Those with a penchant for history, gastronomy, architecture or the arts will find Vilnius has it all in troves. Audrey Gillan gives the lowdown
A Soviet-built housing estate, a nuclear reactor and a cold, terrifying prison cell. Not the first things you’d think of when preparing an itinerary for a visit to the beautiful Lithuanian capital Vilnius, but these locations used in HBO’s Emmy award-winning series Chernobyl have become a big draw in the Baltic city. The suburb of Fabijoniškės is substituted for Pripyat, the Ukrainian town hit by nuclear disaster in 1986, and the Museum of Occupation and Freedom Fights (a must-see, fascinating place in its own right) is the site of the jail where the nuclear scientist who exposed the cover-up is held. Guided tours of the locations and interiors afford a glimpse of life in the city during the Soviet occupation, which ended when Lithuania became independent in 1991.
Soviet-era architecture helped, too, with the filming of the BBC’s historical drama The Eichmann Show, but it was its resemblance to Jerusalem that drew film-makers to Vilnius. An elegant, Unesco World Heritage-listed city – where the baroque and medieval harmonise, and an Old Town boasts red pantiled roofs and cobbled streets – it has also recently been the shooting venue for Catherine the Great and Elizabeth I, both starring Helen Mirren, and War and Peace.
Chefs in Lithuania will tell you that their cuisine was destroyed by the Soviets and that the country once had a rich culinary tradition. “We lost our identity and our history and we forgot to be proud of ourselves. We were not allowed. All we had was bones, milk, potatoes and sour cream,” says chef Liutauras Čeprackas. But that era has passed and he and other cooks are at the vanguard of a gastronomic revival in Vilnius, one that looks to the rich past for dishes forgotten by a generation but also embraces modernity.
There is a rich gastronomical seam now being mined – in the 14th century, Grand Duke Gediminas opened the city to all religions and cultures, and as people came so did a confluence of influences and ingredients – with food from German crusaders, Eastern Europeans, Italian architects, Jewish peoples, Russia and Poland.
The city is now home to funky Džiaugsmas, a bistro ranked number one in the 30 Best Restaurants in Lithuania that serves glorious zander beignets where chunks of fish are covered in crisp sepia batter. At Ertlio Namas, in a 17thcentury house in the heart of the Old Town, the history of Lithuanian cuisine is on the plate: using just the produce of local farmers and fishermen, dishes can include mushroom soup with poularde, mushroom cheese and turnips; and baked eel with doughnut, mangolds, turnips and fennel sauce. And the serving staff will tell you stories of the history of each dish. A fairytale-like journey takes you through “seasons-inspired local cuisine” at magical Sweet Root, where you might have encounters with foraged berries, sea buckthorn and rowan berries; or mushrooms like chanterelles (Lithuanians love foraging for mushrooms).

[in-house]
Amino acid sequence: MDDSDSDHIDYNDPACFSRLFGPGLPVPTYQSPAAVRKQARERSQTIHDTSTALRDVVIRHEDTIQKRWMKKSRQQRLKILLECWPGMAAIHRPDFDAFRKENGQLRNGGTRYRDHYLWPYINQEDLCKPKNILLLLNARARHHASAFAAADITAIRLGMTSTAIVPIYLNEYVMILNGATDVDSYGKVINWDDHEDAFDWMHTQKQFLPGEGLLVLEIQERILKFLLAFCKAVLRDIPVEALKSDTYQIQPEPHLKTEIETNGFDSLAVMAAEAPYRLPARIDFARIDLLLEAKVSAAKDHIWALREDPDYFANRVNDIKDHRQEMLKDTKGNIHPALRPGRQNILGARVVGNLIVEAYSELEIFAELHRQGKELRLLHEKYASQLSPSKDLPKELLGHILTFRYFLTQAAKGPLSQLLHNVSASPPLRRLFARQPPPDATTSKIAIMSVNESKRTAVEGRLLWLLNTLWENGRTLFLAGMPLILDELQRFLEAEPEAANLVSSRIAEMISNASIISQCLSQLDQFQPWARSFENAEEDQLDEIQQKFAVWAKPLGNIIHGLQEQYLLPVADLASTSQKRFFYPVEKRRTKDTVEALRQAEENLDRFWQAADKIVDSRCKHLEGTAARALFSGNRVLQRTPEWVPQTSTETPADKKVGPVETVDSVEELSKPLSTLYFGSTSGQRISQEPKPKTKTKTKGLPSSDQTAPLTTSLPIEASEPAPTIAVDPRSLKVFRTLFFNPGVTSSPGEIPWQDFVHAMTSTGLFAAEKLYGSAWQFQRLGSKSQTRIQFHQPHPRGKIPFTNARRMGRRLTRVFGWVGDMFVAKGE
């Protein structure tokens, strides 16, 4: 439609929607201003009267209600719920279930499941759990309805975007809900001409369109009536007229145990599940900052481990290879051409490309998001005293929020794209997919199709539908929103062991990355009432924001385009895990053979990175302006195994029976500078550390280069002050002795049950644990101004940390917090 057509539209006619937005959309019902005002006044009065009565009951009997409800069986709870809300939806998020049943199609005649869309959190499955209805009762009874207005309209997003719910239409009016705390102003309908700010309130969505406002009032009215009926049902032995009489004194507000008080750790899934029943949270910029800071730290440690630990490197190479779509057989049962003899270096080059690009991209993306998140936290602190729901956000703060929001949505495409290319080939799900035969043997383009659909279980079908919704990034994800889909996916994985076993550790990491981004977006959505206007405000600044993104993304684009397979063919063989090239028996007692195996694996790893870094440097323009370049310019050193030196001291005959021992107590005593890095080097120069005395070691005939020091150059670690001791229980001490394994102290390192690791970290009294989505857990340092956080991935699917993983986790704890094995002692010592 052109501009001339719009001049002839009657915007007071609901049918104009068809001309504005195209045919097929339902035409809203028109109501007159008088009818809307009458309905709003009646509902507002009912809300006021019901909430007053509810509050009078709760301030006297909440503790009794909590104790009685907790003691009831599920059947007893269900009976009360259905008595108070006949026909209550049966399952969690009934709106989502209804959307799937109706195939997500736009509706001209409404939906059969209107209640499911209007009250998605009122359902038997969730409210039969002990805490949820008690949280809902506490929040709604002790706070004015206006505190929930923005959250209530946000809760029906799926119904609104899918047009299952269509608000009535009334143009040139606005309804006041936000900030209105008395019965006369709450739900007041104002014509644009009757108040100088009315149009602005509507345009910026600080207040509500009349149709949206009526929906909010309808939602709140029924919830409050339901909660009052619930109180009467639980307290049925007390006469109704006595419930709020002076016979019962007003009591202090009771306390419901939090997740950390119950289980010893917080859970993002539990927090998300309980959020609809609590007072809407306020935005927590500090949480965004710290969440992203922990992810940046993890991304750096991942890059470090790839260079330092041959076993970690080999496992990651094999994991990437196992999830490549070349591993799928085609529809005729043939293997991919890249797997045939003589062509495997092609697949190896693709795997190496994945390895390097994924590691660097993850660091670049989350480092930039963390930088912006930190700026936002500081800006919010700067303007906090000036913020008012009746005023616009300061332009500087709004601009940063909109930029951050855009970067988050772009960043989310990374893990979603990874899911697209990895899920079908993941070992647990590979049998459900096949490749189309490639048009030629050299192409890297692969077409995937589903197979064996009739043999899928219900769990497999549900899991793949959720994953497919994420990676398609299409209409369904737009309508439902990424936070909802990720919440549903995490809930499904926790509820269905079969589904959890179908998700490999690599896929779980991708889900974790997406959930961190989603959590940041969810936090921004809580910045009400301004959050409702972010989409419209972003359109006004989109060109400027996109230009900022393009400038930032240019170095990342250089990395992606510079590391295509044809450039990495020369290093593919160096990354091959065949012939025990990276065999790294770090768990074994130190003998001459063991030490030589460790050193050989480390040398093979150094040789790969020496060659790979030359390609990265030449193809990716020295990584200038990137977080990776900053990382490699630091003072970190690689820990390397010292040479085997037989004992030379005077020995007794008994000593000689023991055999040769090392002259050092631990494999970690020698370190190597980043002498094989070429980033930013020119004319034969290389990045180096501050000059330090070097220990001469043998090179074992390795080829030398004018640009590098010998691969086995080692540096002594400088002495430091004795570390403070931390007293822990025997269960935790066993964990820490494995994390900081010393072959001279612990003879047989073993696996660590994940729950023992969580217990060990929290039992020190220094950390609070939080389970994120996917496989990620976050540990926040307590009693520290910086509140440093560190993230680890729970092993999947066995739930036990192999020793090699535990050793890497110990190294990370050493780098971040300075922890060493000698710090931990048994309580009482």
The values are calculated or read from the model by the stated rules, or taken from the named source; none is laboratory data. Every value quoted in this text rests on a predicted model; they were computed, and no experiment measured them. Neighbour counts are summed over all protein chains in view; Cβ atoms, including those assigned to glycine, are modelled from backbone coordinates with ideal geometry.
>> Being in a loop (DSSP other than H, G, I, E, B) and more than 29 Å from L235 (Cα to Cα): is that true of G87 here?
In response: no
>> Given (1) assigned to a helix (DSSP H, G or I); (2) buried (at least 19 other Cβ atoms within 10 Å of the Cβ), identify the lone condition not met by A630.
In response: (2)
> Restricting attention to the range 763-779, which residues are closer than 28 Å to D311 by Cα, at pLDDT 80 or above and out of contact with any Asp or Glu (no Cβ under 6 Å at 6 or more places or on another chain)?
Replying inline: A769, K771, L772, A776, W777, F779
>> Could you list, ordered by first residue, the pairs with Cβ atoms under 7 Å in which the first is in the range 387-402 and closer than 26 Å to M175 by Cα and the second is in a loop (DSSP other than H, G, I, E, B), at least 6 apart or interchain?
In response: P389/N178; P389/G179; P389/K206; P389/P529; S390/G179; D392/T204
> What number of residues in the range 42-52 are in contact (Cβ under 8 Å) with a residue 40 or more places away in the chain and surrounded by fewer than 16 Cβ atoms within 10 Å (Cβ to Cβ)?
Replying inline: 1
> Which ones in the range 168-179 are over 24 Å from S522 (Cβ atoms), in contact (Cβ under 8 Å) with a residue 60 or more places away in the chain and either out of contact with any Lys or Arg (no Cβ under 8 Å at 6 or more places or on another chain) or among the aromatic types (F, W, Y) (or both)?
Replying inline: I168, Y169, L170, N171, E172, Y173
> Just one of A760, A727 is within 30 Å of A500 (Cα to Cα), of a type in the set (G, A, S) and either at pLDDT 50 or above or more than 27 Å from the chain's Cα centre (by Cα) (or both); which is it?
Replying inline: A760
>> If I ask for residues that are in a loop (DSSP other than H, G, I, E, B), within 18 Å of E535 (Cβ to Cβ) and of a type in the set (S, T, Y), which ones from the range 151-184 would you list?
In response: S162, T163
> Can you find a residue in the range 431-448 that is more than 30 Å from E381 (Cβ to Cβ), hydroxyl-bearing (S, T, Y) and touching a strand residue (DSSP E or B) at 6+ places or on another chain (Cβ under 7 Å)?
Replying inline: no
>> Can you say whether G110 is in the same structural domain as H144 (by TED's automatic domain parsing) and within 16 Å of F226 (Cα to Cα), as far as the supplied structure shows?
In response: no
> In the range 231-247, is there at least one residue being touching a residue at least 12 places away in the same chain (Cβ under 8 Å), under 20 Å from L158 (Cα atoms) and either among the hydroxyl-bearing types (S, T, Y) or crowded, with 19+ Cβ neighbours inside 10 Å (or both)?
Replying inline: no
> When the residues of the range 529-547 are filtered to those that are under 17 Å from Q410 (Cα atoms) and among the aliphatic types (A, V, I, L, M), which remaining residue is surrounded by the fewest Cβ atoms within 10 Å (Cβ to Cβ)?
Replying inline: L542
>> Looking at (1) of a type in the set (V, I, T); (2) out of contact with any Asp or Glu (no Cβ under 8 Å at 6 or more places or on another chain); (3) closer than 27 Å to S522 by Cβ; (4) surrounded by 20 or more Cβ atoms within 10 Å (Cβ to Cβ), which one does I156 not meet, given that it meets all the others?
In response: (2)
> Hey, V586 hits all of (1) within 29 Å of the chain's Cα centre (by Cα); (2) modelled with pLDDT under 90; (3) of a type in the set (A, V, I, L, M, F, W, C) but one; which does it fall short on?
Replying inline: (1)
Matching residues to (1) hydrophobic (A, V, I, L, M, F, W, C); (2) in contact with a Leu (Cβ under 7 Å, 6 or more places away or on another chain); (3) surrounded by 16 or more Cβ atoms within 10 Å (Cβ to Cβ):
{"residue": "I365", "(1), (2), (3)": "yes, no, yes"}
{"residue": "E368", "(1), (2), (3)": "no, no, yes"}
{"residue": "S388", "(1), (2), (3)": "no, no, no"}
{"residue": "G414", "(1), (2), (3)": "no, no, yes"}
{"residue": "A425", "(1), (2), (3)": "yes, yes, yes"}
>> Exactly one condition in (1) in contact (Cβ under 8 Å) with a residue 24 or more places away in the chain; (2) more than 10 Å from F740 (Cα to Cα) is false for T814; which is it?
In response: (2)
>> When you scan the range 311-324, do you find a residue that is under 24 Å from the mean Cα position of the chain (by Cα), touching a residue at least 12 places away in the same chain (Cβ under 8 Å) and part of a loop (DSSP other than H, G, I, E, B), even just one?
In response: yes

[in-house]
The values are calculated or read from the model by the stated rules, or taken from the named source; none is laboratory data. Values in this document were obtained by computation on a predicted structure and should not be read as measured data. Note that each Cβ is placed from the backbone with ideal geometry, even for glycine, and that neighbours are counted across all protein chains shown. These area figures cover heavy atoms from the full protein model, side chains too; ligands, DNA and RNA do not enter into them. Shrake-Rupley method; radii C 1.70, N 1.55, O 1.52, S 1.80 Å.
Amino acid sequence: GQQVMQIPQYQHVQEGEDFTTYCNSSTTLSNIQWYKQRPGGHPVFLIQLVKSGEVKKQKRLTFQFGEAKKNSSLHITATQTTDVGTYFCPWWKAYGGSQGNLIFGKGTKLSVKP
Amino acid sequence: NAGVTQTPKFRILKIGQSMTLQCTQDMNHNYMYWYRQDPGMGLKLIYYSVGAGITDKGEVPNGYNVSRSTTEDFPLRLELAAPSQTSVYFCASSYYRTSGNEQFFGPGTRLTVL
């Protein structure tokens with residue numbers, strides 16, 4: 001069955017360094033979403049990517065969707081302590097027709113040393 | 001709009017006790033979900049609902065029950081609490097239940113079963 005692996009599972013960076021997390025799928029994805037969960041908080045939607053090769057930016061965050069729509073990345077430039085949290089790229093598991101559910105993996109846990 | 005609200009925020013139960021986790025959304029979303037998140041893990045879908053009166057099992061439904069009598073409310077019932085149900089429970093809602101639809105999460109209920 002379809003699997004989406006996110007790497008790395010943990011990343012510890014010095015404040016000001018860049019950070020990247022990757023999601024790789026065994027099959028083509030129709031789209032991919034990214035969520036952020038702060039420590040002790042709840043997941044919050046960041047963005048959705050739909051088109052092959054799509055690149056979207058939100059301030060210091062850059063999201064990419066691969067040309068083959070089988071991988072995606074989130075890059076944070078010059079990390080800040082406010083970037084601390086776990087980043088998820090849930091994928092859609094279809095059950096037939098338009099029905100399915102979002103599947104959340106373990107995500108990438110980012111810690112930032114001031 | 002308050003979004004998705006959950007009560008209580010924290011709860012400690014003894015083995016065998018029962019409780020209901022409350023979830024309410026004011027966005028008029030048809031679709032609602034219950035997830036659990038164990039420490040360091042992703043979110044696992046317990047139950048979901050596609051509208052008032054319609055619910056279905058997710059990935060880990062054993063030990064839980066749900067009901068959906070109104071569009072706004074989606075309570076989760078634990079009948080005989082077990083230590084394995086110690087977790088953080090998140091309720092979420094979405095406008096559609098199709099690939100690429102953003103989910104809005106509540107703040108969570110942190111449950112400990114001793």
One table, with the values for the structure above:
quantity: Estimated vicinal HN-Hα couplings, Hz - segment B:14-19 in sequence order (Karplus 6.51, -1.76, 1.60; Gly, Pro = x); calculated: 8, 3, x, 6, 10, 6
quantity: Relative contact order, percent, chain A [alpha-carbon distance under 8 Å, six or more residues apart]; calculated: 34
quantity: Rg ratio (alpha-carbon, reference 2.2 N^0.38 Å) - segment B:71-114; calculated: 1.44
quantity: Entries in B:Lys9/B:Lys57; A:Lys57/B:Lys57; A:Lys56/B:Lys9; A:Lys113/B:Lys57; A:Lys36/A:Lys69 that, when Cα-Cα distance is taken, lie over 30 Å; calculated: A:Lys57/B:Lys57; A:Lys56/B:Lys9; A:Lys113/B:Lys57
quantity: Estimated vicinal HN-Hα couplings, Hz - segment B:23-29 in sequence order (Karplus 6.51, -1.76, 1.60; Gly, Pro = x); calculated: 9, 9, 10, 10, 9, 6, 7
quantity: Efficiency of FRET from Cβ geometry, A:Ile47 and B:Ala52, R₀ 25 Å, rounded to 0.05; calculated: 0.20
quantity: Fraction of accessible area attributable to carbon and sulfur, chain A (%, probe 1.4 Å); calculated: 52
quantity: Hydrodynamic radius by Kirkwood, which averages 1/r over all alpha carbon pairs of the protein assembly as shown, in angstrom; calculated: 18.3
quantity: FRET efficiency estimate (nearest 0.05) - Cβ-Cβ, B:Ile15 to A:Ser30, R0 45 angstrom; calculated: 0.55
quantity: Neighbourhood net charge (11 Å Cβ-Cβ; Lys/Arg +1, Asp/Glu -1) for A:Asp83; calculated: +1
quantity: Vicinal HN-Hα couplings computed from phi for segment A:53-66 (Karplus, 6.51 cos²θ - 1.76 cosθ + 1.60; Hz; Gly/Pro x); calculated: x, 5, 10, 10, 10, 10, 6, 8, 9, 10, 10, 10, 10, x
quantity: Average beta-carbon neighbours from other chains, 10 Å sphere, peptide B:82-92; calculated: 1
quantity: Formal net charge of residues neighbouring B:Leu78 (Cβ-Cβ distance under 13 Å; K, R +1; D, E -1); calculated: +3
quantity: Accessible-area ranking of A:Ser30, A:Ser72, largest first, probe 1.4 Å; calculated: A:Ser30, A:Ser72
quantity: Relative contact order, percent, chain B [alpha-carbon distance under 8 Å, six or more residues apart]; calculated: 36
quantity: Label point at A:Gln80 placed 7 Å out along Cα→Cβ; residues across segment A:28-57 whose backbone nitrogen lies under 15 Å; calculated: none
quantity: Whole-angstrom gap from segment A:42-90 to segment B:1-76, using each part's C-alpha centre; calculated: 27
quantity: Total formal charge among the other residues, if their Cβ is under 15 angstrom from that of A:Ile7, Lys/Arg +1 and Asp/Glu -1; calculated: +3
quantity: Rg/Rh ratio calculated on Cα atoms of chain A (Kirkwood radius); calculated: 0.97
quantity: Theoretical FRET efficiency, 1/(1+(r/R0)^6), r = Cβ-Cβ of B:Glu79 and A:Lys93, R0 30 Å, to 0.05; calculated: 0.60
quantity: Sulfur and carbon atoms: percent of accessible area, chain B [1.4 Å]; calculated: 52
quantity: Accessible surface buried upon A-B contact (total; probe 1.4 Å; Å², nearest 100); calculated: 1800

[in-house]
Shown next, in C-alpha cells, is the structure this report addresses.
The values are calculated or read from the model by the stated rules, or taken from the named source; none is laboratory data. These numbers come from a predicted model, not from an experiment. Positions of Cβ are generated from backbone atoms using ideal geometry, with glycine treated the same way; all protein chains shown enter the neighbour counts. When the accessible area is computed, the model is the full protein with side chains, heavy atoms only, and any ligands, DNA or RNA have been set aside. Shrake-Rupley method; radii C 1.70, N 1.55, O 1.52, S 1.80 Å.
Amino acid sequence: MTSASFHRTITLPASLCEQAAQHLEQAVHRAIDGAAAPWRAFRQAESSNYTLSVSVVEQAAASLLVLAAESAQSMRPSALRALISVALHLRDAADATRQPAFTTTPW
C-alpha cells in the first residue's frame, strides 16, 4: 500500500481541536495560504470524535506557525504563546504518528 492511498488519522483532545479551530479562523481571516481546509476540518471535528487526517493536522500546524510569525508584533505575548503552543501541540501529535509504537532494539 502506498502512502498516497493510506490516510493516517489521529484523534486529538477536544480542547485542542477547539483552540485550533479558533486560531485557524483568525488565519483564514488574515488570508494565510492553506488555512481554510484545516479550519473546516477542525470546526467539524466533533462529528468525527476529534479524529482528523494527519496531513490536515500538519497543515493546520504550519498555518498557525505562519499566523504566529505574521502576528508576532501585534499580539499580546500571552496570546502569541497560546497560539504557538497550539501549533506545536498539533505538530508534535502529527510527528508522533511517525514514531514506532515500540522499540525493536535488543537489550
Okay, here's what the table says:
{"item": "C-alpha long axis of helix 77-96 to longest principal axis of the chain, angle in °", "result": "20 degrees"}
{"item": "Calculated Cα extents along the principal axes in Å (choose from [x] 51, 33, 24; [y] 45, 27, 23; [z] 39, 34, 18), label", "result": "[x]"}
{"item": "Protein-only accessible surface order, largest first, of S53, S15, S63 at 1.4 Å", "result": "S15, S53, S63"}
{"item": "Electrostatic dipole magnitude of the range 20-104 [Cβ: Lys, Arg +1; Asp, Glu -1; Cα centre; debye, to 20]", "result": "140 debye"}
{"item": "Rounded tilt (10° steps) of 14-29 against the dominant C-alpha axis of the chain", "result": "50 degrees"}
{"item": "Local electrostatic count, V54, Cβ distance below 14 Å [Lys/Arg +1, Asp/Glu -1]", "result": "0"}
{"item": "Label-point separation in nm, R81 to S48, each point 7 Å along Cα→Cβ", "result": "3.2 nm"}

A visit to Halés market, housed in a lovely building dating back to 1906, will bring you to stalls lined with traditional products such as salted and smoked country bacon, sauerkraut, salted herring and pickled cucumber. Stop and buy some black bread – almost exalted in this country – and some local butter to taste, or hop from stall to stall sampling.
With many of Vilnius’ younger generation returning to the city after living abroad, the hip and vibrant feel of the place is growing. Not that bohemianism is a new thing here: the self-declared Republic of Užupis was established in 1998 and it has its own president, government, constitution and currency, and even has a navy consisting of three or four small boats. Here you’ll find street sculpture and art, great galleries, bars and restaurants, and a joyous, slightly flippant vibe.
In the Station District, you can eat street food in an old train car, rave beside the railroad tracks or enjoy a drink on a platform at Peronas bar, complete with a giant statue of Sopranos star James Gandolfini in a bathrobe and shorts. The once down-at-heel, edgy area is flourishing under its rebirth. At Druska Milta Vanduo, a bakery and coffee shop, Canadian Christine saw a gap in the market – not everyone wants to eat black bread everyday – and so here you can have avocado and sourdough toast and French and American-style cakes and pastries
Where to stay
Downtown Forest is located in the heart of the Republic of Užupis and although it calls itself a hostel, it has very comfortable private rooms. Single rooms with shared bathrooms from £14.50
The rock’n’roll-themed Comfort Hotel has super-stylish rooms within walking distance of the Old Town. Standard rooms begin from £53.
Hotel PACAI has high-ceilinged rooms in a beautiful old palace in the Old Town with two great restaurants. Double rooms from £146.